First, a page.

Over the following five years, he worked as a master carver and participated in several temple projects. The focus was still temple work, but he was also carving traditional temple items such as windows or reliefs as home decorations for collectors.
Another part of his income came from the huge demand for statues of gods, as they were believed to bring good fortune in the illegal lotteries that were popular at the time.
Craft in Decline
Meanwhile, the overall traditional woodcarving industry was fast declining as many temples gave their business to workers in mainland China. Hong explains that traditional craftsmen like him complete a piece by themselves, while craftsmen across the strait have turned carving into a production line process, where each worker is responsible for a small part of the final item and all the parts are shipped to Taiwan and then assembled and painted.
Adding the cost of all the raw materials, labor and shipping together, the mainland Chinese “products” are still cheaper than the raw materials alone in Taiwan.
“We locals are more than competitive in craftsmanship, but we’re out of the game pricewise,” he says. “Price, however, is the main consideration for many people.”
Fortunately, the entire market was not taken over by mainland China. Master painter Li Mei-shu (1902–1983), who in 1947 took charge of the third restoration project of Sanxia Zushi Temple, which was originally built in 1769, insisted on doing it the traditional way by employing traditional craftsmen.
The policy continued even after Li passed away and in 1986, Hong’s master Su Hai-ping was contracted for part of Zushi Temple’s carvings. Su asked Hong to be among his team members.
Hong took up the offer as he believed that the steady income from this long-term project would provide financial security as well as individual advancement, given that the work brought together the best craftsmen, historians and researchers in Taiwan.
Hong worked as part of the project for 15 years until 2001, when the temple management committee changed its policy from contracting individual craftsmen to working with bidding contractors.
Still, the artisan says the greatest reward he gained from the work was that he had the chance to learn from renowned “national treasure” craftsmen such as Huang Guei-li (1902–1995), as well as gain knowledge of temple decoration designs from consulting scholars and researchers involved in the restoration.
The Zushi Temple project was also a turning point for Hong’s career. In 2003, Wang Ching-tai, a professor at NTUA and one of the consultants Hong had become acquainted with during the project, asked Hong to teach in the Department of Architecture Art Conservation.
Hong recalls that Wang told him that traditional crafts were disappearing and his department wanted to do something about the discouraging trend before it was too late.
“As a craftsman, I’d not given much thought to cultural heritage,” Hong says. “But seeing the fast-decreasing number of craftsmen and lack of young blood in the trade, he was absolutely right about the disappearance of the craft.”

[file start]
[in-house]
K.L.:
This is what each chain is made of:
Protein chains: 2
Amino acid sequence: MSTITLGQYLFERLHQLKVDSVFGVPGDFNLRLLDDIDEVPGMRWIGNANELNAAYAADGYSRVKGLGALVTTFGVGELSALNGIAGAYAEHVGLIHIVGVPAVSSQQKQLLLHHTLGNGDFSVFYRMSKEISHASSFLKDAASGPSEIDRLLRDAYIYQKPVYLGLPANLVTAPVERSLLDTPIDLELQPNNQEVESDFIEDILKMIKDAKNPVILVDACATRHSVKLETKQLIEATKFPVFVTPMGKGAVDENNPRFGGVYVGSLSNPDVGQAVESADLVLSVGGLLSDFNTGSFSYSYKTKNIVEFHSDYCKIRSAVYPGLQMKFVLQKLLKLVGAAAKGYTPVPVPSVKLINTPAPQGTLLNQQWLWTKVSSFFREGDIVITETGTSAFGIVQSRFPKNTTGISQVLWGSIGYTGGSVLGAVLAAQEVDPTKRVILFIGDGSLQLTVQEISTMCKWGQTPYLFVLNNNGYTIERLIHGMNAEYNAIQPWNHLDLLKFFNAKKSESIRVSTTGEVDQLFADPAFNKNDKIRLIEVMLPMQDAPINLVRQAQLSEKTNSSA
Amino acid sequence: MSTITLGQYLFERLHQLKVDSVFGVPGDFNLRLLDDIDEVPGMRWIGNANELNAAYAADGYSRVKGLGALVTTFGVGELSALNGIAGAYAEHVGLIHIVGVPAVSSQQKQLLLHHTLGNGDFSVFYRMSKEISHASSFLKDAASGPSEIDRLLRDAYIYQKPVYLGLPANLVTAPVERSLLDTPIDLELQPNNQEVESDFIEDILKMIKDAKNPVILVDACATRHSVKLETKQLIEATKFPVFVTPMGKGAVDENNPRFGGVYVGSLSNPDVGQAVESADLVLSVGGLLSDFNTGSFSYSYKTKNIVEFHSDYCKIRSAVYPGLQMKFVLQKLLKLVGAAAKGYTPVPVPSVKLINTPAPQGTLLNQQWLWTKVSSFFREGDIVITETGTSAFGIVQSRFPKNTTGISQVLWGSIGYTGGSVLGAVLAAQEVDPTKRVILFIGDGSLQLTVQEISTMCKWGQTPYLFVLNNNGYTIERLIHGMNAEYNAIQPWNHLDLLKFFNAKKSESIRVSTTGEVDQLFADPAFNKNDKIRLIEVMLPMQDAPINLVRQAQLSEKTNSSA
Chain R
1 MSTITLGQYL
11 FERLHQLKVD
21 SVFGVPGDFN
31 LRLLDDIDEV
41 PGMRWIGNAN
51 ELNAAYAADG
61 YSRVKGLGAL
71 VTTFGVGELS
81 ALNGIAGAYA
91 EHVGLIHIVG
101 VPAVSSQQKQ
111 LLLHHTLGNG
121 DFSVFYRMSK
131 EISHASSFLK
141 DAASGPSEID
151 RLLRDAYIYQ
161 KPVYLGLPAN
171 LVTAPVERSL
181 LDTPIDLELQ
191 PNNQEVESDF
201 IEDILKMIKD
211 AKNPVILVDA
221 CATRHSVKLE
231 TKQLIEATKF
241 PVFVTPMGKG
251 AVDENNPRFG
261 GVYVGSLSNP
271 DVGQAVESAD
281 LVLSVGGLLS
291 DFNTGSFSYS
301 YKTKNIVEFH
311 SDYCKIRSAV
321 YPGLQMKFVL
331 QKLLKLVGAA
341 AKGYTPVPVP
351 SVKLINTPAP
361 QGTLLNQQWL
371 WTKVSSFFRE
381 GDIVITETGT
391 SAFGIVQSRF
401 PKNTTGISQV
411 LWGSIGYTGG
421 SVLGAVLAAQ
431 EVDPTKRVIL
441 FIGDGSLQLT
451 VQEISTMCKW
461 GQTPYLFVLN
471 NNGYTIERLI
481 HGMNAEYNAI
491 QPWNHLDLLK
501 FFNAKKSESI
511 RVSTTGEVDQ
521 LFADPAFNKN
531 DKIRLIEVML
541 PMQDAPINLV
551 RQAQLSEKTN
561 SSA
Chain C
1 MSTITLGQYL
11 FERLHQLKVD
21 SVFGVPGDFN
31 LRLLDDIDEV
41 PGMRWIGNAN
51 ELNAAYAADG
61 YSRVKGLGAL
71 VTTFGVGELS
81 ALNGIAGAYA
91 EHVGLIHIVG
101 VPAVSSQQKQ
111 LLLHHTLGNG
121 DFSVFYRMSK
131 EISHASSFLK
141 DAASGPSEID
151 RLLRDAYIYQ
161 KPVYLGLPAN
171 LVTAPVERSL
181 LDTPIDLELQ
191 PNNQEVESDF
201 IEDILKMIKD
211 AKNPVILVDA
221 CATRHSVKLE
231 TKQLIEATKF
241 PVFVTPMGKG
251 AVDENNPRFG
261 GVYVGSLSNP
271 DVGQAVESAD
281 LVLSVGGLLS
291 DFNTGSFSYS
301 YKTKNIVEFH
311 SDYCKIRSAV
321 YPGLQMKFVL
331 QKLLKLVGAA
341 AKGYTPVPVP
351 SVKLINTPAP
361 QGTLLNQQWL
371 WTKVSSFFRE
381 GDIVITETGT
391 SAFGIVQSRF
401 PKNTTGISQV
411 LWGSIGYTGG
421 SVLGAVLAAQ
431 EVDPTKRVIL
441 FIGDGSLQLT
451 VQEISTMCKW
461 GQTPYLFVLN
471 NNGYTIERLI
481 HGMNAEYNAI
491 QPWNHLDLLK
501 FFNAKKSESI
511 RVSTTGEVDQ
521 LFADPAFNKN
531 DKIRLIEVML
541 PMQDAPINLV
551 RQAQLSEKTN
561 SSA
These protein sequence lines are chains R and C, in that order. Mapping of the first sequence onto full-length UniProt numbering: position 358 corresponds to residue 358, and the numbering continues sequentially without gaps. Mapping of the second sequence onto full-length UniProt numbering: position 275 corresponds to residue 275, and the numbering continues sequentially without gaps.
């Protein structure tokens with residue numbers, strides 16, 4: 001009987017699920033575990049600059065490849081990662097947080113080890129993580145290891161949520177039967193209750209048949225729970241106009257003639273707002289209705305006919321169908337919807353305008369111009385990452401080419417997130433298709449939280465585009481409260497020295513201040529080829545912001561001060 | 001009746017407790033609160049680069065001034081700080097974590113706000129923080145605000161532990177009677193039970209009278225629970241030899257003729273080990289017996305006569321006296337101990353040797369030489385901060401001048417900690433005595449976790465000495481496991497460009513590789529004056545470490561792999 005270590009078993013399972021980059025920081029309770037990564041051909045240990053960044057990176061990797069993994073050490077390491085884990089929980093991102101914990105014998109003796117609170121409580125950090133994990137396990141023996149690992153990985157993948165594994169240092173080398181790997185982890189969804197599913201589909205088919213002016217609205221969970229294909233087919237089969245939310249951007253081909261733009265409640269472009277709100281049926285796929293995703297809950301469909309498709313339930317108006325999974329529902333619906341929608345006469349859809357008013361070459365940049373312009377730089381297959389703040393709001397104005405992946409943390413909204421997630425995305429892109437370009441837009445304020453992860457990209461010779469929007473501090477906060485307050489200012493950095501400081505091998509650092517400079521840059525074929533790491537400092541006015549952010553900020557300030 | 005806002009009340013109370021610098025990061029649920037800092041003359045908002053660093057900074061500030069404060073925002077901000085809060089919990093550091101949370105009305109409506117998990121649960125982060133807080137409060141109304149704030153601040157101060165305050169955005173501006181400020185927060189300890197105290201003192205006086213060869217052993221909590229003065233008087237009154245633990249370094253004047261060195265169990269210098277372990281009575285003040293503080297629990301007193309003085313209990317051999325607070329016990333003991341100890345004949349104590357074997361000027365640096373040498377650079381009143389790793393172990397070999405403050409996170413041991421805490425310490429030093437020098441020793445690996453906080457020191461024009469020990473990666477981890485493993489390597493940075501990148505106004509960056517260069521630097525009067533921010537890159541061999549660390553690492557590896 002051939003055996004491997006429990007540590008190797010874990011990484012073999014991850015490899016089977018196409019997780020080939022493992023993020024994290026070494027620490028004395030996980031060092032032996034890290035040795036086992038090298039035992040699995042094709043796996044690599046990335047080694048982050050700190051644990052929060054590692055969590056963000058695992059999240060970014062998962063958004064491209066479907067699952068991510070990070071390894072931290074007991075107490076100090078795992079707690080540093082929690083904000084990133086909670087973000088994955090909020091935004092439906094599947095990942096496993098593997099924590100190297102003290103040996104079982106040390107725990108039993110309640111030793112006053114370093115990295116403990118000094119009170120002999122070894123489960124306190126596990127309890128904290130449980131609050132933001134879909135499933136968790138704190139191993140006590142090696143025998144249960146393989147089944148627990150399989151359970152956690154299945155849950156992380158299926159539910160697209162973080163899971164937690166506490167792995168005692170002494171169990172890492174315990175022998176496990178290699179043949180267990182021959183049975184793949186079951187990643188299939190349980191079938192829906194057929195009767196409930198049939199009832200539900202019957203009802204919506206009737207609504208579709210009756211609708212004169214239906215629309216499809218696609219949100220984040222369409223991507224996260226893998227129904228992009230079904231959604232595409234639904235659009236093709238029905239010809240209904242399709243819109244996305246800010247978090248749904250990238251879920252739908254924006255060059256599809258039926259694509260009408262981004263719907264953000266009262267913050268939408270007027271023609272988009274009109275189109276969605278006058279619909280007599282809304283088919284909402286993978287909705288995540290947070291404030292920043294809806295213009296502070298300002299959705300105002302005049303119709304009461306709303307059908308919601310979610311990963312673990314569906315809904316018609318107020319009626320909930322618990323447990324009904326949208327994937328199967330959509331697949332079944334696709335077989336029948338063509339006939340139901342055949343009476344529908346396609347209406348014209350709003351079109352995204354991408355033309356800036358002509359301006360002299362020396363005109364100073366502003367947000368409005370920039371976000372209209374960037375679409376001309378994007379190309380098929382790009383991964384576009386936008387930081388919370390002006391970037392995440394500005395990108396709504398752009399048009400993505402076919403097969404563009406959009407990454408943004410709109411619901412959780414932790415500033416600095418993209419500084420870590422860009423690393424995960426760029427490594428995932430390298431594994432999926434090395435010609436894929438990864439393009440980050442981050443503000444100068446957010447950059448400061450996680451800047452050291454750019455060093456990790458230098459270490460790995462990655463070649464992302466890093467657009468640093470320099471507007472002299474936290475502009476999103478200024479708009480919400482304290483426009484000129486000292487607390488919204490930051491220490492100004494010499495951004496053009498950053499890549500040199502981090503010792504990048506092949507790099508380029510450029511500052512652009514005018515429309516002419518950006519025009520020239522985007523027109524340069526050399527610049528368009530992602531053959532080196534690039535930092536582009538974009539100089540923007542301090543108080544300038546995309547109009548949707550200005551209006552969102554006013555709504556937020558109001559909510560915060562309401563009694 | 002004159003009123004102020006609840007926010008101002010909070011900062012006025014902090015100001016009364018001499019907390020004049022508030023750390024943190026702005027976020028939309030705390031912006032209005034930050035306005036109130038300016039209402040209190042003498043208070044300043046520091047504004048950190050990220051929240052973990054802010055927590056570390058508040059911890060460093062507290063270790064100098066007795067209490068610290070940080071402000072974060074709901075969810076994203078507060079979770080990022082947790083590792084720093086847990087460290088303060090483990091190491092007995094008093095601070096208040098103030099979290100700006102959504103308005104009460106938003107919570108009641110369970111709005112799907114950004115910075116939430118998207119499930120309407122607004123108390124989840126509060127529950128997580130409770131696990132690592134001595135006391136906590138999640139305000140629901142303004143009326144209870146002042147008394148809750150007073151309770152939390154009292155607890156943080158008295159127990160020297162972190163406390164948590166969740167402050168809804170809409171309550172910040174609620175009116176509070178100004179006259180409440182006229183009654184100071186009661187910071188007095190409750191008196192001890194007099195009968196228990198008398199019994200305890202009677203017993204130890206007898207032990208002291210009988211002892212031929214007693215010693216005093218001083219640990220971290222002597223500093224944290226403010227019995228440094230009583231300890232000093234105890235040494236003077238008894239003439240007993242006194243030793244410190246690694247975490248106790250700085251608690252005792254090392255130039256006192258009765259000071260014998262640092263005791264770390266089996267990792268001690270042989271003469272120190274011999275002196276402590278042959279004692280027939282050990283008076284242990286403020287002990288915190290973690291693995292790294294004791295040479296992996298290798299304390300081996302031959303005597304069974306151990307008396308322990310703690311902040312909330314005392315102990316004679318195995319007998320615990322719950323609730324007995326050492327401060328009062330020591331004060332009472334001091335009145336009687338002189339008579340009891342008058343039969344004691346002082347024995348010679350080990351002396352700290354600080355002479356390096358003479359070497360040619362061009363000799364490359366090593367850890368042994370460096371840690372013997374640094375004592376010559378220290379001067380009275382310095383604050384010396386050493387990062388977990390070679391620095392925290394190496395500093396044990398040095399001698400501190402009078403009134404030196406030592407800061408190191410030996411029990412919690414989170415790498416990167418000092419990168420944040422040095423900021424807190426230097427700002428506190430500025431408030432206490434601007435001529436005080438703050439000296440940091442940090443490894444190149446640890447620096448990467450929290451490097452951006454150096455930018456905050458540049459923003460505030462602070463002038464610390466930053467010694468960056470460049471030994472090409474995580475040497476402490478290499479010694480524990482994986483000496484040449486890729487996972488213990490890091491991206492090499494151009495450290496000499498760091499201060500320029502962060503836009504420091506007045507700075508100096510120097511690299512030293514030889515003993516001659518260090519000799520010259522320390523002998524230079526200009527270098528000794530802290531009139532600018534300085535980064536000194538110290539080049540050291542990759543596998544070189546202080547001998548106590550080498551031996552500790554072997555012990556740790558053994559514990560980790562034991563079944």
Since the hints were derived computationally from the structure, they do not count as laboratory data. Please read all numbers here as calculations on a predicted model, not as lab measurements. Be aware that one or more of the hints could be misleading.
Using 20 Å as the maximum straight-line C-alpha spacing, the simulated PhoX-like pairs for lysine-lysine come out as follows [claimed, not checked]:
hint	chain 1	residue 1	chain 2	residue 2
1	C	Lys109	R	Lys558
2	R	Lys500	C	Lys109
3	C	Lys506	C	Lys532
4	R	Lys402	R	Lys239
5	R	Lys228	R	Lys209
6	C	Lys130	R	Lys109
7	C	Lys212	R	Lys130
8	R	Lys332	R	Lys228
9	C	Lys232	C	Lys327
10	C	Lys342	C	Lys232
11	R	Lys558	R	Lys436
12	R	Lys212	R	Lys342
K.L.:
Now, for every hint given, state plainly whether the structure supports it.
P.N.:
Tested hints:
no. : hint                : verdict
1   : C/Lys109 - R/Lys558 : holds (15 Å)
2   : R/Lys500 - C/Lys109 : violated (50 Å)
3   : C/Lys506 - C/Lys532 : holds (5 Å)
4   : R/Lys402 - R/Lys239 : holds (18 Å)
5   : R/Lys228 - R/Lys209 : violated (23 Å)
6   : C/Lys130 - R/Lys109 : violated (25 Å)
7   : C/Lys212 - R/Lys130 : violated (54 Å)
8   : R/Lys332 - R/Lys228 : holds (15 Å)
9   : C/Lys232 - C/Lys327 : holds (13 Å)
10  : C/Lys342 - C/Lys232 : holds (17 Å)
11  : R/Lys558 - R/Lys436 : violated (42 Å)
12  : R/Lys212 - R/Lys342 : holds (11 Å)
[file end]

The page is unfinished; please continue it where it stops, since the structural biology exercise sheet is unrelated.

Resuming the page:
After some consideration, Hong agreed to teach, but moving from temples to a university classroom was not an easy task. Hong explains that traditionally, apprentices learned by observing their master.
“There wasn’t any ‘class’ on how to carve or references on what to carve,” Hong says. “How much an apprentice could pick up depended mostly on himself.” That approach apparently does not work in today’s higher education system.
It took Hong a while to be able to “translate” his craft into words and texts for the class. And unlike the traditional masters, who always kept a trick or two to themselves to avoid “competition,” Hong is eager to teach everything he knows.
Interestingly, Hong finds that 80 percent of his students are female, while women were traditionally barred from taking part in any temple project due to various taboos.
Male or female, the coursework is equally challenging for the students, who might be passionate about the preservation and restoration of historic relics, but have never held a carving knife.
Hong often stays late to help his students, hoping that they can at least pick up the basic techniques during their university studies and go from there.
For his achievement in traditional temple woodcarving and contribution to preserving the craft, Hong was awarded the First Taipei Master of Traditional Arts in 2009 at an event organized jointly by the city and county governments.
As a craftsman, Hong feels honored to have received the award, but as a preservationist, he thinks that the government’s effort is too little, too late when it comes to traditional crafts.
Higher education institutions, for example, seem to save their resources for science students, while some of his pupils, by comparison, have to worry about whether or not they can afford a piece of camphor wood for the class.
After devoting 35 years to temple woodcarving, Hong is probably entitled to grouse a little. But come another school day, he grabs his carving knives and heads to the school.
“I’ve worked project after project over the years and always get the job done,” he says. “The project I’m on now is to pass down the craft, and I’m also going to get that done.”
Source : http://taiwanreview.nat.gov.tw